The job of An Garda Siochána, just like any other police force, is to maintain public order, and to investigate crime.
The definition of a crime varies from country to country. In Ireland, for example, soliciting the services of a prostitute is illegal. In Ireland that’s a crime – in the Netherlands, by contrast, it’s legal.
The difference between the two jurisdictions is not that the police in the Netherlands are more morally lax than their Irish counterparts. It is simply this: Police forces do not make the law. Parliaments and Governments make the law.
In the UK, there is so-called “hate crime” legislation in place, creating an offence of hate crime if the UK police suspects that a particular offence was aggravated or motivated by some form of hate or bigotry directed at a person because of their racial, sexual, or religious characteristics.
In Ireland, no such law exists.
The Government is debating the introduction of such a law, of course. But the Hate Crime Bill of 2020 is not due back before the Cabinet until Easter.
As of today, “Hate Crime” simply does not exist in Irish law.
So…. Why are the Gardai asking people to report it?
Here’s what they say, on the official Garda website:
(A hate crime is) Any criminal offence which is perceived by the victim or any other person to, in whole or in part, be motivated by hostility or prejudice, based on actual or perceived age, disability, race, colour, nationality, ethnicity, religion, sexual orientation or gender.
(A hate incident – non crime is) Any non-crime incident which is perceived by any person to, in whole or in part, be motivated by hostility or prejudice, based on actual or perceived age, disability, race, colour, nationality, ethnicity, religion, sexual orientation or gender.
There are a number of things to note here:
First, and most importantly, the Gardai are asking the public to report crimes that do not exist in Irish law. There is no such offence as hate crime at the moment. What there is, on the other hand, is an ongoing debate in the Dáil about whether to introduce such an offence.
But by asking the public to report such “crimes”, the Gardai are putting their thumb on the scale of a debate in the Oireachtas. In fact, it seems to be the official position of the force that there should be hate crime legislation. This is an obvious breach of the responsibility that the Gardai have to remain neutral in matters of political controversy. They’re getting involved in a live political debate.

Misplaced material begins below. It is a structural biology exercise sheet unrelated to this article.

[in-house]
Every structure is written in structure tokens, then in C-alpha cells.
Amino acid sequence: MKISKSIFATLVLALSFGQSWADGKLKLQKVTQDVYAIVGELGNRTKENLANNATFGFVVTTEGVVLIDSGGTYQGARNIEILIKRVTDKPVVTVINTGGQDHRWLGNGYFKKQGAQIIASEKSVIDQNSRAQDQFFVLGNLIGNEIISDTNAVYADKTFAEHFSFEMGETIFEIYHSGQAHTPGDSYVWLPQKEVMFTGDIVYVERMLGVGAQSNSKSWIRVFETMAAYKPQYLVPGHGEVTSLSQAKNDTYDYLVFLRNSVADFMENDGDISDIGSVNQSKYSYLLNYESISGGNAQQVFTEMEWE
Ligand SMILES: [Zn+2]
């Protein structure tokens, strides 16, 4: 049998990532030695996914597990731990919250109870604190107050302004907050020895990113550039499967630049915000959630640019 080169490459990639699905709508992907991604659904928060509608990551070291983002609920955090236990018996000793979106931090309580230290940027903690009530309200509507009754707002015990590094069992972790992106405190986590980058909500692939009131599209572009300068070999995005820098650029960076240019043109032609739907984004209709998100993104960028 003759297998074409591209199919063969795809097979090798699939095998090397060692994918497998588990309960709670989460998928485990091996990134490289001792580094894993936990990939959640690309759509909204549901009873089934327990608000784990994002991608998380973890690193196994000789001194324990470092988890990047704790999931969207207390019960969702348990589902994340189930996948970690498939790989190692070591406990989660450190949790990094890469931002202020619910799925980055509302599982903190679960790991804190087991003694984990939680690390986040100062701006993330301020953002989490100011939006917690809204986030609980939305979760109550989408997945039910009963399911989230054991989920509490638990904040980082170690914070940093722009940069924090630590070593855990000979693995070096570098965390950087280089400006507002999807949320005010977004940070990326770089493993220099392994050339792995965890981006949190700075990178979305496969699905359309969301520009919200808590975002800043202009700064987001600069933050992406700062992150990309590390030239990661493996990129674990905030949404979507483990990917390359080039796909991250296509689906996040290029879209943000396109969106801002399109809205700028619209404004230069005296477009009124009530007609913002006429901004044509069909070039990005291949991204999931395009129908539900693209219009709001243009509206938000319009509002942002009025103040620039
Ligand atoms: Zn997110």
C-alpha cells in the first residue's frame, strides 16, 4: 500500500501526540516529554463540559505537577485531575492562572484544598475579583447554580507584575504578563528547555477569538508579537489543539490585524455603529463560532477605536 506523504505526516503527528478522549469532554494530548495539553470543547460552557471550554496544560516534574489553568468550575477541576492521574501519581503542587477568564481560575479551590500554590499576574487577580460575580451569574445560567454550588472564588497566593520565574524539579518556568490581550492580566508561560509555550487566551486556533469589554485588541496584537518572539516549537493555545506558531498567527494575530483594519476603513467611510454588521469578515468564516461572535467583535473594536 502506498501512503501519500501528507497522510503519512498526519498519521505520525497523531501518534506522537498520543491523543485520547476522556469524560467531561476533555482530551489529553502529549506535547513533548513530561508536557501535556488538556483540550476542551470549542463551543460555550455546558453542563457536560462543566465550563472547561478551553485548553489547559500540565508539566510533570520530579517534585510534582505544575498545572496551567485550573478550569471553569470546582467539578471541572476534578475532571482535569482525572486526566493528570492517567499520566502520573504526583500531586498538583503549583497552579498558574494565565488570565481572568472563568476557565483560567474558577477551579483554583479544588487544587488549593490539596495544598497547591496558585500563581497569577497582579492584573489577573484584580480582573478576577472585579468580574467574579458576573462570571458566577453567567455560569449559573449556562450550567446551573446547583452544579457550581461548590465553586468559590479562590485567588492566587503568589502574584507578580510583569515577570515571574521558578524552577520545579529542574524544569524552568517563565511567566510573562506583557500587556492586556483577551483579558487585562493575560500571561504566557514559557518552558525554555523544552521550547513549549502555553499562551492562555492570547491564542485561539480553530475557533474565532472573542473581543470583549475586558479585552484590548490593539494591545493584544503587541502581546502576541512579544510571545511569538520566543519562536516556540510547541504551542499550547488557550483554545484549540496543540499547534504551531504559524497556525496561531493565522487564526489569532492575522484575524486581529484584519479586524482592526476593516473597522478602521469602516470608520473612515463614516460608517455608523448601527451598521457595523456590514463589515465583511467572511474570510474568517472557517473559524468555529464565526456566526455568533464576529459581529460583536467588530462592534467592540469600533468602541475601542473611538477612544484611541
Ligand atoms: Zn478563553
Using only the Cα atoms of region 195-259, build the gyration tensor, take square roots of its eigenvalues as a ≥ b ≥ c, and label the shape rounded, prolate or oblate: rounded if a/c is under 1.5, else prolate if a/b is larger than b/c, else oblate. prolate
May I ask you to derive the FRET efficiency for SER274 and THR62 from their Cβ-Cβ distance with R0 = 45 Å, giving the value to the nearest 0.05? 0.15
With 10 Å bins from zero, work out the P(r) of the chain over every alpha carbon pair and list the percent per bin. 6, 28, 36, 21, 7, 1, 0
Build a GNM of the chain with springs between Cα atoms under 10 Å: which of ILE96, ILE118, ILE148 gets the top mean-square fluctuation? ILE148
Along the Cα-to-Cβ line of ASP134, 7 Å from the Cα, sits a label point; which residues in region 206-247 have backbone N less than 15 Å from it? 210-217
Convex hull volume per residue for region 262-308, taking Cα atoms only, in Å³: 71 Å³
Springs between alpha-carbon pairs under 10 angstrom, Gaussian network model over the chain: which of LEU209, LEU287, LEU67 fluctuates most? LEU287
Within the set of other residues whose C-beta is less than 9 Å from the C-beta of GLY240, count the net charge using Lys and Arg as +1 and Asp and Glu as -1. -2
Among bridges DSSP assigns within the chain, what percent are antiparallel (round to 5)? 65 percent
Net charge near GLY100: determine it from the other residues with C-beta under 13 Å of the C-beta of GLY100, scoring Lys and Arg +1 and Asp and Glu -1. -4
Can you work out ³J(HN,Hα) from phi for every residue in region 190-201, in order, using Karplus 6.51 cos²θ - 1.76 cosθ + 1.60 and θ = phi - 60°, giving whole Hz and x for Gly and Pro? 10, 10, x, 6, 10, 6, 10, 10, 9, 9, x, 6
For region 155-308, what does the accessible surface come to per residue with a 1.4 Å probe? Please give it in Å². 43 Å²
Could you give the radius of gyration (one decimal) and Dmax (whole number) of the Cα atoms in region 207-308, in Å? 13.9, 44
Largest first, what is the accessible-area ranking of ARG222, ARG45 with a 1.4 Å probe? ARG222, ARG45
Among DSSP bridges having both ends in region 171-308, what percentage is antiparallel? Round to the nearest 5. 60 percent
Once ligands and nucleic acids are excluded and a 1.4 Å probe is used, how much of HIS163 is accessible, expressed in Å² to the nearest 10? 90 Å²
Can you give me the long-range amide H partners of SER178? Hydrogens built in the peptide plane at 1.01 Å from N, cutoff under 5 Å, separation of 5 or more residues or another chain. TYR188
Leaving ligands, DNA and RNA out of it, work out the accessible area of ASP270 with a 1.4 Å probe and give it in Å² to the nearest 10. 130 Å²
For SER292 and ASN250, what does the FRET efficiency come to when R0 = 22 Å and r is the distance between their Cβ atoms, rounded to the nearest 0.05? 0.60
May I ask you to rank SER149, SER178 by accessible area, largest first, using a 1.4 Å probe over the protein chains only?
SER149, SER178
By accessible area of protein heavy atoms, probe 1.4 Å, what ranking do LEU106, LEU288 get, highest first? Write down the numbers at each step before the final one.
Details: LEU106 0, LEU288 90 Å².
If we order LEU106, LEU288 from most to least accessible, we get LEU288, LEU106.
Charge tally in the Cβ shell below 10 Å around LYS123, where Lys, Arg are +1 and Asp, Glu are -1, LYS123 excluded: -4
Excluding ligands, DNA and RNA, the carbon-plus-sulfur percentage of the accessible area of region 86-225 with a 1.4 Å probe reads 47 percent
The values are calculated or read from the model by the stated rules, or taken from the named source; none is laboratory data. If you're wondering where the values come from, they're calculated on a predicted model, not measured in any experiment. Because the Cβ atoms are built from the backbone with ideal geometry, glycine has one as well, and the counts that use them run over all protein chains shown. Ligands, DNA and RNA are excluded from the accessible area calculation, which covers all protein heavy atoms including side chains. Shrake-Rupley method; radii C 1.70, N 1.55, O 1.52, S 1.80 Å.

Nobody will challenge them on this, of course, because they’re widely perceived to be getting involved in the right side of a live political debate. And in Ireland, things like rules and principles don’t matter that much, very often, if you’re on the right side of a live political debate. Just look at all the taxpayers money that flows into NGOs to get involved in political debates – totally at variance with democratic principles, but forgiven because they’re on the right side.
Anyway, aside from the issue of how inappropriate this is, it also provides a useful reminder of what a terrible idea hate crime legislation is. Read the bits in bold above, and read them carefully:
A hate incident is “any incident perceived by the victim or any other person to be in whole, or in part, motivated by hostility or prejudice.”
In other words, you do not need to hate anybody to be guilty of a hate crime. You simply need somebody else to say that they believe that you hate somebody.
In fact, so eager are the Gardai to catch thought-criminals that they’re asking the public to report suspects even today, when no such crime exists.
It suggests that, if the law passes, there will be those who will be very eager to wield it. And some of them, scarily enough, work for the Gardai.